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NSF Offers Expanded Melamine Testing Services in China

NSF International announced a new testing service for suppliers in the food industry to detect the presence of melamine, an industrial chemical used in plastics that was recently found in pet food products. Melamine is frequently used in product materials and synthetic fibers, clothing, inks and plastic food containers.

NSF International announced a new testing service for suppliers in the food industry to detect the presence of melamine, an industrial chemical used in plastics that was recently found in pet food products. Melamine is frequently used in product materials and synthetic fibers, clothing, inks and plastic food containers. The chemical was added to wheat gluten and rice protein exported from China to increase protein levels in animal feeds. China has since banned its exporters from using the chemical as an additive in feeds.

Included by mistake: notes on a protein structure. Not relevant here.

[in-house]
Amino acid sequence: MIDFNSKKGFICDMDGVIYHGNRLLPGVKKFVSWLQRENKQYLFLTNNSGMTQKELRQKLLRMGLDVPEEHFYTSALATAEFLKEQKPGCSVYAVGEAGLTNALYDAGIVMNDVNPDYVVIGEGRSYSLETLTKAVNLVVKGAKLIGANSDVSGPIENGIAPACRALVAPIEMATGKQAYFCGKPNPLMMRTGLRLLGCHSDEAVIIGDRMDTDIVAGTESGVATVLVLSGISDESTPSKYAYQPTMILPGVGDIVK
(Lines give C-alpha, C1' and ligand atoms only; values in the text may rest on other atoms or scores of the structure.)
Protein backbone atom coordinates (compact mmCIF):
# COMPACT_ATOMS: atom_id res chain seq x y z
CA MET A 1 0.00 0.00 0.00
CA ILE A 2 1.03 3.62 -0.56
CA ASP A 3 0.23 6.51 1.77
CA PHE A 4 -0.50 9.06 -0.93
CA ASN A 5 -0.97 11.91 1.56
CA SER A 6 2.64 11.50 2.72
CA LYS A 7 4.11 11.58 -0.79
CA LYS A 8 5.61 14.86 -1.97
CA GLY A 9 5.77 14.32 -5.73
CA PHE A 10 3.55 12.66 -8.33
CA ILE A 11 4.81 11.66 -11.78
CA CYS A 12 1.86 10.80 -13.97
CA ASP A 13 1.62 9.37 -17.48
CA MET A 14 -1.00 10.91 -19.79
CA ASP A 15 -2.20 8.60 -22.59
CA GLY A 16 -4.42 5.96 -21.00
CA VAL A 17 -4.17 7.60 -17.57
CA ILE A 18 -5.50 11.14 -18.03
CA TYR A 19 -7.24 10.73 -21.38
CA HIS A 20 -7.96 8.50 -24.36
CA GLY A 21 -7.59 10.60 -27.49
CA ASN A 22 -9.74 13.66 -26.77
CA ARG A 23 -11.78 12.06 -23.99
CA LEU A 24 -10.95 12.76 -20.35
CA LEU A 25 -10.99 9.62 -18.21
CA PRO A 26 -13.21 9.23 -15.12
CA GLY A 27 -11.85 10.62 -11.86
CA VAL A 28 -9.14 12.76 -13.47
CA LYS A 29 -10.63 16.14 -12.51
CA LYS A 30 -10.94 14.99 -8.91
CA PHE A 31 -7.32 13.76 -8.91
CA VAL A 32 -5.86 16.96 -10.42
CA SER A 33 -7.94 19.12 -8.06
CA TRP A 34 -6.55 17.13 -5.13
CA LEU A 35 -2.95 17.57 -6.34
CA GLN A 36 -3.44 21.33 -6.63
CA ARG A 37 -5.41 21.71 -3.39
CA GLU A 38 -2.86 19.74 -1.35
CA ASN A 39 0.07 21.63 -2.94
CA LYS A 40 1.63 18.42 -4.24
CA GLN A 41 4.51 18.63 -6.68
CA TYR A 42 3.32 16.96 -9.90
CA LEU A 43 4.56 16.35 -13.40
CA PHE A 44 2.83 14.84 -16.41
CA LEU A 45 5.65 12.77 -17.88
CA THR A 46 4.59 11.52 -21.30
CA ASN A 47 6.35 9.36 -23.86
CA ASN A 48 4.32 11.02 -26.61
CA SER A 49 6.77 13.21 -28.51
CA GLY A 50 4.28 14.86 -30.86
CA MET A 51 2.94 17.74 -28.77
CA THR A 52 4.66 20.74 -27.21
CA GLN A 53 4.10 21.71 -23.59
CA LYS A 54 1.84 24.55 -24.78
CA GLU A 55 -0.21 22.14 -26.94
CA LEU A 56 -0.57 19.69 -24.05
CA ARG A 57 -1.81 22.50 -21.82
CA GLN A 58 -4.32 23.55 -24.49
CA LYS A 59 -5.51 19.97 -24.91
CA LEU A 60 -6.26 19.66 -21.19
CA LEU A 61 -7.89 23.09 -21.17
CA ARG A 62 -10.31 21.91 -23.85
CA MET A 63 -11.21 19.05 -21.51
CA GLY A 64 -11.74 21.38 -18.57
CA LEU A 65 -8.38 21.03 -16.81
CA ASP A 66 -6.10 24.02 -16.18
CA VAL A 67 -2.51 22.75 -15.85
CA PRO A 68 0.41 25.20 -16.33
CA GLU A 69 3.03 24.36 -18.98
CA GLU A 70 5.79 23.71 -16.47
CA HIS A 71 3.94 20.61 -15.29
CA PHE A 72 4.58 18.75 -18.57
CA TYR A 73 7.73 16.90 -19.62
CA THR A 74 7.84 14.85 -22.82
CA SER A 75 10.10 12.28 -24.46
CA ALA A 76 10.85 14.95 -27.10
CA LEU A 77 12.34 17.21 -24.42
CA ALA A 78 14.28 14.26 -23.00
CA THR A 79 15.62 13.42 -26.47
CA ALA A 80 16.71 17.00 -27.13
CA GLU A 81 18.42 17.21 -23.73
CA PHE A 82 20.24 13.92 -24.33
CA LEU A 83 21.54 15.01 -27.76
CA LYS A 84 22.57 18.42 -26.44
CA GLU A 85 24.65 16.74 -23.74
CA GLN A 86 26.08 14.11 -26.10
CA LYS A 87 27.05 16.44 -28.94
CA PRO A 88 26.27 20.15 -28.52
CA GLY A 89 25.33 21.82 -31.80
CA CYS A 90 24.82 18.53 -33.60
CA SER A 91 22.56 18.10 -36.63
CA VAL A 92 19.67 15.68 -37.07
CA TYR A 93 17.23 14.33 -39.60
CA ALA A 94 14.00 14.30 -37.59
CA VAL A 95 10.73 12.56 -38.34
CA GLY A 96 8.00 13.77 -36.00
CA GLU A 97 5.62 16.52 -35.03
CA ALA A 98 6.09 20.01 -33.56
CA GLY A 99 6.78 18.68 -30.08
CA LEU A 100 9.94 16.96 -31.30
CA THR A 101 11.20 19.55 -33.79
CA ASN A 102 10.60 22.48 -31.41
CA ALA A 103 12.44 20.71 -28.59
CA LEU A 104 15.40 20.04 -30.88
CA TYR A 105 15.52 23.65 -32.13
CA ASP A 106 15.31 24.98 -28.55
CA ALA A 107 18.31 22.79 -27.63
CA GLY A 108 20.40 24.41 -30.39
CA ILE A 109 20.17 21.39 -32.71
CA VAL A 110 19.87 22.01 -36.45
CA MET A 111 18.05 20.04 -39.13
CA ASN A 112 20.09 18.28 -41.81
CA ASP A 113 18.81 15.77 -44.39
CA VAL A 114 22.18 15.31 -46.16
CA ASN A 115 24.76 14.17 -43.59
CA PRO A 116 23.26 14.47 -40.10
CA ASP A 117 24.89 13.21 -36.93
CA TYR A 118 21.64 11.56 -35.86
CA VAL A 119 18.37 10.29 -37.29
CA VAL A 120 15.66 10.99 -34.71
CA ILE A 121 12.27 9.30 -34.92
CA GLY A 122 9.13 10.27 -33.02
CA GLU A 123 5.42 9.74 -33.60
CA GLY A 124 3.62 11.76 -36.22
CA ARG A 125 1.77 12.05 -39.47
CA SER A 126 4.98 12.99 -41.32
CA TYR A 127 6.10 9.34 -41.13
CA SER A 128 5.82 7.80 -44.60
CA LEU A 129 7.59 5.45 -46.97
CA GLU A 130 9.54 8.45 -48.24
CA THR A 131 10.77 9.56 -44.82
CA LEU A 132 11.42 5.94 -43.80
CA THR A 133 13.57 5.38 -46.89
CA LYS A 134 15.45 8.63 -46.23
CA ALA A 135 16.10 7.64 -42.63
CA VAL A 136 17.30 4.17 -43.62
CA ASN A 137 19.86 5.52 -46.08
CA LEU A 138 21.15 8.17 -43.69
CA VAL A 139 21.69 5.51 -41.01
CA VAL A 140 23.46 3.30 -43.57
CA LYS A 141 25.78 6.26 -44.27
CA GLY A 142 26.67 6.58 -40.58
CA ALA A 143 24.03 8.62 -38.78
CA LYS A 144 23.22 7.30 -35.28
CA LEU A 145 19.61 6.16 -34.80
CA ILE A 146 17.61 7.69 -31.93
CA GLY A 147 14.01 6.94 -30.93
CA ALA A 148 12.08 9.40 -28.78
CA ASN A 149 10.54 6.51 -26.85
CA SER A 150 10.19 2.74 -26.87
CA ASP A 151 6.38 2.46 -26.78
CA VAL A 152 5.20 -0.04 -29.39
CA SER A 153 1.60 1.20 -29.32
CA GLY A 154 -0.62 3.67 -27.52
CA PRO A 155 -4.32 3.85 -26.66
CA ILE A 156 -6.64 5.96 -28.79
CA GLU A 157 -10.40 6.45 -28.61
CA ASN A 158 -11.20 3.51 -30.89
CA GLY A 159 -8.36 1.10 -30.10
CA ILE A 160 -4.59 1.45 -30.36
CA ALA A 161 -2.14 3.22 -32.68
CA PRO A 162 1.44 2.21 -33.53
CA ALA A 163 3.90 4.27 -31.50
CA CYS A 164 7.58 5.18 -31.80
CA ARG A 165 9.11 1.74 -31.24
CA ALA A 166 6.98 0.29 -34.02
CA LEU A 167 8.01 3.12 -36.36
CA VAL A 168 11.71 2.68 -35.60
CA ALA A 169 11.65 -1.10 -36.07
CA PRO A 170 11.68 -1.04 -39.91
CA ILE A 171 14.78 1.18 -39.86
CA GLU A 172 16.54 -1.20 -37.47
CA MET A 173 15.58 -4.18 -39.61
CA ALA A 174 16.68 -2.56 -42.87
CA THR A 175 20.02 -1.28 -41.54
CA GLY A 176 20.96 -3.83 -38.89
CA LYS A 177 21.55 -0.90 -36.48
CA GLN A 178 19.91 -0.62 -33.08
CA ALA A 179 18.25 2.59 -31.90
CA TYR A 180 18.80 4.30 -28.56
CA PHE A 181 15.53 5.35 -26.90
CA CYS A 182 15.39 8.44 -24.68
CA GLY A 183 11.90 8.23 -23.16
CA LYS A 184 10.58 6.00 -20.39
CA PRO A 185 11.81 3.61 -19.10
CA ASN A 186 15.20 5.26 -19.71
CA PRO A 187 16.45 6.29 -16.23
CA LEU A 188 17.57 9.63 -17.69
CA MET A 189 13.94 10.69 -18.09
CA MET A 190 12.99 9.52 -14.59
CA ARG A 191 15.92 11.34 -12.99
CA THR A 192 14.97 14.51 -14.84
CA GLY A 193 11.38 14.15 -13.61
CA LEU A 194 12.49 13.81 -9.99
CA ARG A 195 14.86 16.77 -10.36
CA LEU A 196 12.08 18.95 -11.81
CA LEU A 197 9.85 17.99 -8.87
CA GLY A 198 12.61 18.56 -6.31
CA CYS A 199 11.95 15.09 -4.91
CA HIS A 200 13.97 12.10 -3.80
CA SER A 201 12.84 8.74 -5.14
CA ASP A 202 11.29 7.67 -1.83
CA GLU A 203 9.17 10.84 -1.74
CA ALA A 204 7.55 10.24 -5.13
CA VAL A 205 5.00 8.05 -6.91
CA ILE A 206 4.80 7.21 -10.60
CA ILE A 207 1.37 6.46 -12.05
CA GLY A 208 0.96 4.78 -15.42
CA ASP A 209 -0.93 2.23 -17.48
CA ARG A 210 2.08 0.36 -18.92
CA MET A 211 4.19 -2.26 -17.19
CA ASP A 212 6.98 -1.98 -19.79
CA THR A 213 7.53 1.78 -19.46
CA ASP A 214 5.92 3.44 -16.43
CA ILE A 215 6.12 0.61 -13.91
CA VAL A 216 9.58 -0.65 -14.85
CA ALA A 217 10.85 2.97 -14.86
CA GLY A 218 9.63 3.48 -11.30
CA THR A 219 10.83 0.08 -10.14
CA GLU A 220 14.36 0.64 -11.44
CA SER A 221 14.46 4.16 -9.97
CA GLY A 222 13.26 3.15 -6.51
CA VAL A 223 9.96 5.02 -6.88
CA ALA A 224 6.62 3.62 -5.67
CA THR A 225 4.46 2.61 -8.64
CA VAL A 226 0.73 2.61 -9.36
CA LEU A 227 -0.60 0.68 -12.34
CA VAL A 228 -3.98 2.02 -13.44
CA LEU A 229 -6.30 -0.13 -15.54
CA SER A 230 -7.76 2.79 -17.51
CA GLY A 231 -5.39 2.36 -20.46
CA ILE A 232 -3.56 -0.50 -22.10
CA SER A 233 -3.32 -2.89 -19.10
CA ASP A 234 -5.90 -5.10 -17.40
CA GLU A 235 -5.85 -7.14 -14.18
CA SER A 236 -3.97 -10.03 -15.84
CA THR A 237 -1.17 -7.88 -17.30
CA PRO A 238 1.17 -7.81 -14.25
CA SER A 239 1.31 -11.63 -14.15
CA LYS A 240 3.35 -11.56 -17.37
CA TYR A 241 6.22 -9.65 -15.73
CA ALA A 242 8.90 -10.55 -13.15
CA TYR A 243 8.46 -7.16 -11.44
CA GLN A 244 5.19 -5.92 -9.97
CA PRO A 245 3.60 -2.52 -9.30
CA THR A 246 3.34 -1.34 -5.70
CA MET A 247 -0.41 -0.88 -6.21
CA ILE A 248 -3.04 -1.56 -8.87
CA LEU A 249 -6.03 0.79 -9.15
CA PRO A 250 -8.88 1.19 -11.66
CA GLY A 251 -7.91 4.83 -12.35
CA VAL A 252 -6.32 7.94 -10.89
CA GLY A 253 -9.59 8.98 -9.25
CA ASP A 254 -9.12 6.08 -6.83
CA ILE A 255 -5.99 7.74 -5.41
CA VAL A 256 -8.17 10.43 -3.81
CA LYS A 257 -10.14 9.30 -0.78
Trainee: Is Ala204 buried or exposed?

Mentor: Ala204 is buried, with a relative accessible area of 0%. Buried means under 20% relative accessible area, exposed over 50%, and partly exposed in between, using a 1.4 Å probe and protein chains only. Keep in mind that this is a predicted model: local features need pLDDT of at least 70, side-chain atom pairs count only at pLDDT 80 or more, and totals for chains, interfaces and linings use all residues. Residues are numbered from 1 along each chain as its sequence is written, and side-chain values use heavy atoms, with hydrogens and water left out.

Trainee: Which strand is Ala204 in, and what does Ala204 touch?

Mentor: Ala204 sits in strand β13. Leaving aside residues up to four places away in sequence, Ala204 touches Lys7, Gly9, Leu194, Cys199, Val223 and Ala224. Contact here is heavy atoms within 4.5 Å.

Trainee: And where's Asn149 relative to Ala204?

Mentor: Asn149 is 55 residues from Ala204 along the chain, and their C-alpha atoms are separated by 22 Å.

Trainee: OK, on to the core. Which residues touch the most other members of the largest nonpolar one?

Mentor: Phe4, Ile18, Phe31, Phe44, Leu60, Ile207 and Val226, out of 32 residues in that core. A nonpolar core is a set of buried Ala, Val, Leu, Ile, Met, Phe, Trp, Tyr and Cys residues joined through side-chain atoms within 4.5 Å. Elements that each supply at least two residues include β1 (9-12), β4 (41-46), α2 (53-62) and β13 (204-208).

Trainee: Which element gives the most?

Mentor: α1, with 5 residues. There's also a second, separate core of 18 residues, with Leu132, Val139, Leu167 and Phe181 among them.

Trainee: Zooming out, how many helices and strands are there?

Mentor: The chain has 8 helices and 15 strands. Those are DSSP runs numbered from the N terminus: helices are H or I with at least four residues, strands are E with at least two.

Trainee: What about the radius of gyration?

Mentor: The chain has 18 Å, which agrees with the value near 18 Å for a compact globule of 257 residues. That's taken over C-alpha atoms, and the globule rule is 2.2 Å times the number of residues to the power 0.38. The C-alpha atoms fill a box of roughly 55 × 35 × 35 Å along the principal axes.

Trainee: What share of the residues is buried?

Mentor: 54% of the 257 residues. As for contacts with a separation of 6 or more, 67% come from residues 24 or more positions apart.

NSF, an independent testing laboratory, is expanding its melamine testing capabilities following the widespread pet food contamination and the ensuing product recall. The resulting melamine contamination has generated an increased demand by pet food manufacturers who are seeking accredited laboratories that test for melamine presence. 
        To meet international commerce needs in China, NSF has an accredited testing laboratory in Shanghai that will conduct the testing and local auditors that will inspect the facilities to screen for melamine and other toxins. This process will ensure that products and raw materials exported overseas can be evaluated prior to being exported. 
        NSF’s melamine testing capabilities include laboratory analysis of processed foods, animal feeds, wheat gluten, rice protein concentrate and corn gluten. NSF uses FDA analytical methods for melamine testing, screening and quantitative analysis using chromatographic techniques, including analysis using Gas Chromatography Mass Spectrometry or High Pressure Liquid Chromatography. In addition to melamine, NSF can also test for heavy metals, pesticides, antibiotics, microbiologicals and diethylene glycol (DEG).  For more information on these testing services, contact Kurt Kneen, Ph.D., director, NSF’s Chemistry Laboratory, at [email protected] or 734-827-6874.
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